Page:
Selenium has been a pinnacle for open-source software in the industry of automated website testing. The automation testing framework is widely adopted by the testing community to help them in automating interactions with their web-application for desktops.
The only way to know the answers to these questions was to have them tested myself. And I came up with interesting results. Which is why I am writing this article to share these results with you.
- Access and modify all the content visible on the web page such as text, images, videos or any other kind of private data.
- Access the cookies sent by the web server.
- Make request to other servers for data capturing.
- Accessing files stored in your local system other than those uploaded on a web page.
- Accessing data from other web pages open in other tabs or on different browsers.
- Accessing and controlling the hardware capabilities of your system.
- Accessing any kind of stuff related to extensions and plugins which have been installed.
Mike, a web developer, is a curious reader who wishes to keep him up-to-date on the latest technologies by reading blogs, webinars, video tutorials. Mike visited your website from search engine and is curious to read your blog around cross browser testing. However, the moment he lands on your website, he encounters a huge pop-up asking him to enroll to your newspaper. He closes the pop-up, clicks on your cross browser testing article, and scrolled further below. Now, he unintentionally clicked on a sponsored content. As a result, a new tab opened which routed him somewhere he never wanted to be.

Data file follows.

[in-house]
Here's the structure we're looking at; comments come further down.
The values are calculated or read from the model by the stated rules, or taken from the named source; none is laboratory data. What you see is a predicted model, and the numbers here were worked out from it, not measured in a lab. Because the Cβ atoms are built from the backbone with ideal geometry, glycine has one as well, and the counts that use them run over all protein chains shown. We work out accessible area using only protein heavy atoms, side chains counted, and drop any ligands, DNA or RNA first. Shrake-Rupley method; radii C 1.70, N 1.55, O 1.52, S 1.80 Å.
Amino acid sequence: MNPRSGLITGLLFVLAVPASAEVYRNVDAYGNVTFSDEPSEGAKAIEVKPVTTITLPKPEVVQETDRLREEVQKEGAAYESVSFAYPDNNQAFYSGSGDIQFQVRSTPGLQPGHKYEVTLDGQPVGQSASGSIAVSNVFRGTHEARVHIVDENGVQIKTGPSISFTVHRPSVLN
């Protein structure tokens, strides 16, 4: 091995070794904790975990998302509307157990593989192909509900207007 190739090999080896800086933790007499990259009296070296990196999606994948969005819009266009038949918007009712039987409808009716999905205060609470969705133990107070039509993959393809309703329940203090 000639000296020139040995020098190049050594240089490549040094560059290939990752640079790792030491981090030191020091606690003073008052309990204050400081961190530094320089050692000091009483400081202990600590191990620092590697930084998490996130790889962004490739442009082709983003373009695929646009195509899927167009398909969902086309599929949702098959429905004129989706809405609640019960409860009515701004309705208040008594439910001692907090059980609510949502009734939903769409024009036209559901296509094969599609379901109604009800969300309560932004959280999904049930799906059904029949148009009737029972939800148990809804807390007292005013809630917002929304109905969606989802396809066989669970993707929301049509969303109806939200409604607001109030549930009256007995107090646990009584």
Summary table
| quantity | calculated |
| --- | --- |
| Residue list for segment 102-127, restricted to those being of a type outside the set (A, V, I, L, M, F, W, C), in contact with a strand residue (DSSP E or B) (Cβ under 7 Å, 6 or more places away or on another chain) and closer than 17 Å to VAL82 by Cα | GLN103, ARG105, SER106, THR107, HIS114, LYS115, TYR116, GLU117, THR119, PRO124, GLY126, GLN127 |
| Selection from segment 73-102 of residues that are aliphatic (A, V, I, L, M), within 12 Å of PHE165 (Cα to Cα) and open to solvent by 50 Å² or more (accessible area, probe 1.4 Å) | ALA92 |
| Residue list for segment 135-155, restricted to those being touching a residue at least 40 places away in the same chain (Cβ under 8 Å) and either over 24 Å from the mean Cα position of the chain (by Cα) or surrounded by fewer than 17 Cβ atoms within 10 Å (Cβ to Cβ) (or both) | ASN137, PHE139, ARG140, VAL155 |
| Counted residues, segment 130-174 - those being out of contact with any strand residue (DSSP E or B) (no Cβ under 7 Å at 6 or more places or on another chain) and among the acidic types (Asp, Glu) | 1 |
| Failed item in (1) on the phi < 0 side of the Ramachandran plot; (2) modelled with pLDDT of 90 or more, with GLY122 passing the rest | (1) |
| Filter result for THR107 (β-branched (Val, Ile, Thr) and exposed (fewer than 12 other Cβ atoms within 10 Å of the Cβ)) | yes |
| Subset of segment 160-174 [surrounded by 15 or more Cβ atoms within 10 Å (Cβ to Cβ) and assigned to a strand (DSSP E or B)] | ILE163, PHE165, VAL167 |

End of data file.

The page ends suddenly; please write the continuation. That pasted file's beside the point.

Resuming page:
What do you think Mike would be feeling right now?
As a conclusion to this, you would get your testing results in every short period of time without any chances of getting your test flow disturbed because of any third party resources.
I will be demonstrating the process in 2 browsers i.e. Google Chrome & Mozilla Firefox to help you integrate the process in your cross browser testing checklist. I would be using LambdaTest to help me access different browser without going through the trouble of installing them.
1. Google Chrome
- Right click on a page and direct to Inspect Elements.
- Once you get the developer tools open, then press CTRL+SHIFT+P.
2. Mozilla Firefox
- Launch a browser and enter “about:config” in URL address bar
- Click on “I accept the risk!” to see the configurations
Code To Run Automation Testing with Selenium In Mozilla Firefox
Code To Run Automation Testing with Selenium In Google Chrome
Opinions expressed by Java Code Geeks contributors are their own.